though transistor is reverse biased , it produces a large amount of current inspite of a diode which when reverse biased do not allow the current to flow.why?
Asked by vasturushi | 19th Nov, 2017, 11:13: AM
- The thin layer region on both sides of a p-n junction which has immobile ions and is devoid of any charge carrier is called depletion region or depletion layer.
- A p-n juction is said to be reverse biased if the positive terminal of the battery is connected to n-side and the negative terminal to the p-side of the p-n junction.
- In reverse biasing the applied voltage of battery mostly drops across the depletion region of the p-n junction and its direction of voltage is same as that of the potential barrier.Due to it, the reverse bias voltage supports the potential barrier.
i..e during reverse biasing the applied dc voltage aids the fictitious battery developed across the junction.
- Due to this the potential drop across the junction increases and as a result the diffusion of holes and electrons across the junction decreases. It makes the depletion layer thick and the juction diode offers high resistance during reverse bias.
- It is nothing but a switch where the base current controls the flow of current from collector to emitter.
- In NPN transistor when operating in active region the base to collector junction is reverse biased (positive to negative , negative to positive)
- A large number of electrons in emitter layer is repelled by negative terminal and they flow towards b-e junction.
- They cross the junction and enter into small base layer.- In this region, some electrons combine with holes (in the base) and are attracted by positive terminal and remaining maximum number of electrons flow into collector layer, crossing the second junction i.e. collector-base junction.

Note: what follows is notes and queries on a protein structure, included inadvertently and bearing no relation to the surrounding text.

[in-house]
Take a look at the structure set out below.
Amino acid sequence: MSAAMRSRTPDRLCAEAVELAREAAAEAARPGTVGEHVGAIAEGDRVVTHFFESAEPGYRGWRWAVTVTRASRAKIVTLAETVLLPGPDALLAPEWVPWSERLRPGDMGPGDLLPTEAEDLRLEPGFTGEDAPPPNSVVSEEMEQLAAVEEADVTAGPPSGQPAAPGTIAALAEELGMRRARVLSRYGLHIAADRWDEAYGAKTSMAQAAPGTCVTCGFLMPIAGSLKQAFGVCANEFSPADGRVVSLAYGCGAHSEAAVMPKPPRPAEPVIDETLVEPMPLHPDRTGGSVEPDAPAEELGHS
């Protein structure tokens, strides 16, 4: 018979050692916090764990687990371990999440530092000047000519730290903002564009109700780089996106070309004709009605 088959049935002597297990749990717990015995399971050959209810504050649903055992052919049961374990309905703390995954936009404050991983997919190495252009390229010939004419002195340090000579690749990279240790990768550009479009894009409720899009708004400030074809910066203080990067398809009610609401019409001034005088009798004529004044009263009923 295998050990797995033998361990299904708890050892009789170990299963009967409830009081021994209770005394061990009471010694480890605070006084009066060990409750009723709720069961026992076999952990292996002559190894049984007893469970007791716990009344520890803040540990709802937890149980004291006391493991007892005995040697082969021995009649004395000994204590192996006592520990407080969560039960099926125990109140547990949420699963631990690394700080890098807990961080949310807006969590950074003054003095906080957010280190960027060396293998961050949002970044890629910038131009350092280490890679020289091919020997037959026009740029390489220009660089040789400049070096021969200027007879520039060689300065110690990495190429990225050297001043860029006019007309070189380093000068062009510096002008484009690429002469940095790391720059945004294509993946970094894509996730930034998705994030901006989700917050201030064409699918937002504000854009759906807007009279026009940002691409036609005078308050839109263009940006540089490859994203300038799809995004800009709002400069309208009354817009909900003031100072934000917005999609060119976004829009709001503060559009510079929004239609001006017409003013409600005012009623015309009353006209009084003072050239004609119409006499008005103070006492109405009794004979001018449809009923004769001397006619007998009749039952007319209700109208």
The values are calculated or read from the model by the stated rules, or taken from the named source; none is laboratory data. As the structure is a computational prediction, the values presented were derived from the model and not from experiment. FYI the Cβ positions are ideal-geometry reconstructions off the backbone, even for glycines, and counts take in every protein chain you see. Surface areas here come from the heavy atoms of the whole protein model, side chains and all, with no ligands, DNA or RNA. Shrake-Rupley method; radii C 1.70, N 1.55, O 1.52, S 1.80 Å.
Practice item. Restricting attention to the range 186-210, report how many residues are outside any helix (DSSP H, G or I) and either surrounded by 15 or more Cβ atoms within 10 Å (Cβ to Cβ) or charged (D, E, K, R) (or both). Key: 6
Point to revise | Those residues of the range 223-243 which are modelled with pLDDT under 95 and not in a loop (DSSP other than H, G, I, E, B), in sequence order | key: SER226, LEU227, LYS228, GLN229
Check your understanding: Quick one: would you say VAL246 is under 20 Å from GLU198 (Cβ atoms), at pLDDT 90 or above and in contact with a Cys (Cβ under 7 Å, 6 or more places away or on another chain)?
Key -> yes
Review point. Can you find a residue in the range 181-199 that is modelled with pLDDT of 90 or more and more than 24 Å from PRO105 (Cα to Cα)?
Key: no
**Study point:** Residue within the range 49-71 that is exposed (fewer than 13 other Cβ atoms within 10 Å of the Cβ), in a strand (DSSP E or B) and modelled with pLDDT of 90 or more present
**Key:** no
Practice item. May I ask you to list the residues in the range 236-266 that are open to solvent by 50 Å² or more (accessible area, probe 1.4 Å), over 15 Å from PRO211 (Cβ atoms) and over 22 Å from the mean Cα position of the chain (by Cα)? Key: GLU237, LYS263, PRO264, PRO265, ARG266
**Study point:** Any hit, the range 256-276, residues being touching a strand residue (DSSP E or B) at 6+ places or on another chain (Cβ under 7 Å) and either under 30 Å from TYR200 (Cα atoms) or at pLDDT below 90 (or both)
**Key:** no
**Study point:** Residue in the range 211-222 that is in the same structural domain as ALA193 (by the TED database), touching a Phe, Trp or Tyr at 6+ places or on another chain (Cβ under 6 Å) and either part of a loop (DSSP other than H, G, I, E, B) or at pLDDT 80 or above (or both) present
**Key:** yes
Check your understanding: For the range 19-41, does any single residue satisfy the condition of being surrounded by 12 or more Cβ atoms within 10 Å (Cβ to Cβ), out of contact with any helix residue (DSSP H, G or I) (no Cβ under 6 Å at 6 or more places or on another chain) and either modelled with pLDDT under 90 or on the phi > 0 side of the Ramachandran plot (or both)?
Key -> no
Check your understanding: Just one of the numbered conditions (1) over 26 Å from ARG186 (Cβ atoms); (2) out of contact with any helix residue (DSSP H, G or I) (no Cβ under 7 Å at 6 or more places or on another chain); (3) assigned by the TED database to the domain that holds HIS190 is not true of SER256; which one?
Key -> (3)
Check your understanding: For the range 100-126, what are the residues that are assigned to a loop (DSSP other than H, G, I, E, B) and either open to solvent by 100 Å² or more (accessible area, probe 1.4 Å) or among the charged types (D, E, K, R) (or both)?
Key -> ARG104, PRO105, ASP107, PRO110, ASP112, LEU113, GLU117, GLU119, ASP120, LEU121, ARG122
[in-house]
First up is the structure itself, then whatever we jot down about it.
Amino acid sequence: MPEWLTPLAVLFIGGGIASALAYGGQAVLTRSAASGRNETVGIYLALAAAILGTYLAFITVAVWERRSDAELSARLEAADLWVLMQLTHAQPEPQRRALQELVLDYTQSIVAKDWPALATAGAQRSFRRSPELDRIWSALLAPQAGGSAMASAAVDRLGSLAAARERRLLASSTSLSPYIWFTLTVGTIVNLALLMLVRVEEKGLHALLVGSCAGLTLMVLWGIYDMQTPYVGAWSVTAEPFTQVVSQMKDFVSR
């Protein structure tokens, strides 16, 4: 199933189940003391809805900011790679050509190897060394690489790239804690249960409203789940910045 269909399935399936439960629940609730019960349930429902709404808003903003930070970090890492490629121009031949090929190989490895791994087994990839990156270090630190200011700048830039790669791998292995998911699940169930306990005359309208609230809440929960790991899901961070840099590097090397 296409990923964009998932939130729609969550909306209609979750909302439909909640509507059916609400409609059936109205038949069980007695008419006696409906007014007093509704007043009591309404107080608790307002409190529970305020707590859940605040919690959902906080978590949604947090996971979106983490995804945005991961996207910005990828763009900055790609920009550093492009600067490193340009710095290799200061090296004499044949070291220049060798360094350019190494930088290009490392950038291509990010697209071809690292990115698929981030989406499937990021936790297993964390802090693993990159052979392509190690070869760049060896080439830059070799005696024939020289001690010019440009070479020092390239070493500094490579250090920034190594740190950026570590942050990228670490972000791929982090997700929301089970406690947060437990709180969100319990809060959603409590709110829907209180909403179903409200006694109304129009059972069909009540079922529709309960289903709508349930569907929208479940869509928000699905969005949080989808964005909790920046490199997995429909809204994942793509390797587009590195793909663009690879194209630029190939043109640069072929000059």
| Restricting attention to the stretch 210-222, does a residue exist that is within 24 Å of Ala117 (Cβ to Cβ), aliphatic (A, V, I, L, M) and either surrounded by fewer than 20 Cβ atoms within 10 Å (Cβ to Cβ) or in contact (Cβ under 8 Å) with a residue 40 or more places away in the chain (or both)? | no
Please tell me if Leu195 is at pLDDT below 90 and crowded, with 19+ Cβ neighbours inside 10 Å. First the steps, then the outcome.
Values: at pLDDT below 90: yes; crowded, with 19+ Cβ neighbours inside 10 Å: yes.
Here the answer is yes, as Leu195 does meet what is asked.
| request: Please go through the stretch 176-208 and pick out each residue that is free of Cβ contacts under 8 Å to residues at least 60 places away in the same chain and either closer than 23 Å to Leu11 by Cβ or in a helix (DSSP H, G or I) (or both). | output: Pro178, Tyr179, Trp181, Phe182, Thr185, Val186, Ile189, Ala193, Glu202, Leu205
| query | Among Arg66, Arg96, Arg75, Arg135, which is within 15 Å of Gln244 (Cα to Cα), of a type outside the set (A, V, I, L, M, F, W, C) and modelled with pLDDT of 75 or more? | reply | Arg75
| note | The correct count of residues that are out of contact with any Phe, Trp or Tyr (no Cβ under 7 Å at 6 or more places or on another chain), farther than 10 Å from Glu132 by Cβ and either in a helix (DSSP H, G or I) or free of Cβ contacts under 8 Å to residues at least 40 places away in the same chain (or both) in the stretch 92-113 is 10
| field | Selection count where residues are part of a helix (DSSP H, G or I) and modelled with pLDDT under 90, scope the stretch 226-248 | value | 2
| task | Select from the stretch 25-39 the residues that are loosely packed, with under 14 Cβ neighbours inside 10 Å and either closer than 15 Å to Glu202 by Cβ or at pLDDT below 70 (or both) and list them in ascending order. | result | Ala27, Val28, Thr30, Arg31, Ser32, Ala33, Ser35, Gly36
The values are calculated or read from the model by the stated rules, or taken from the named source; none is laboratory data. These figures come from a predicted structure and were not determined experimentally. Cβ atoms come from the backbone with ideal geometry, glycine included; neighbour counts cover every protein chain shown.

- The electrons in the collector region are repelled by these newly arrived electrons and thus, then all the electrons are present in collector layer are attracted by positive terminal.
- Thus, all these electrons complete their journey back into emitter layer and produce conventional currents.
Answered by Abhijeet Mishra | 8th Dec, 2017, 04:32: PM
- How do we bias the junctions of a transistor in common emitter configuration?
- What are Transistors?
- A P-N transistor is used in common - emitter mode in an amplifier circuit. A change of 40μA in the base current brings a change of 2mA in collector current and 0.04V in base -emitter voltage, Find (i) input resistance (ii) current amplification factor β. If a load resistance of 6 k oh m is used, then find voltage gain?
- Draw a labeled circuit diagram of a common emitter transistor amplifier. Draw its input and the output characteristics. .
- A transistor has a current gain of 30. If the collector resistance is 6kΩ, input resistance is 1kΩ, calculate its voltage gain?
- The input resistance of a silicon transistor is Ω Its base current is changed by 15μ A, which results in the change in collector current by 2mA. This transistor is used as a common emitter amplifier with a load resistance of 5k Ω. Calculate current gain (βac) transconductance and voltage gain.
- The base of a transistor is lightly doped. Explain why?
- In the given figure, is (i) The emitter (ii) collector forward or reverse biased? Justify.
- Define current amplification factor in a common emitter mode of transistor?
- Calculate emitter current for which β = 100 IB = 20μA?
Kindly Sign up for a personalised experience
- Ask Study Doubts
- Sample Papers
- Past Year Papers
- Textbook Solutions
Verify mobile number
Enter the OTP sent to your number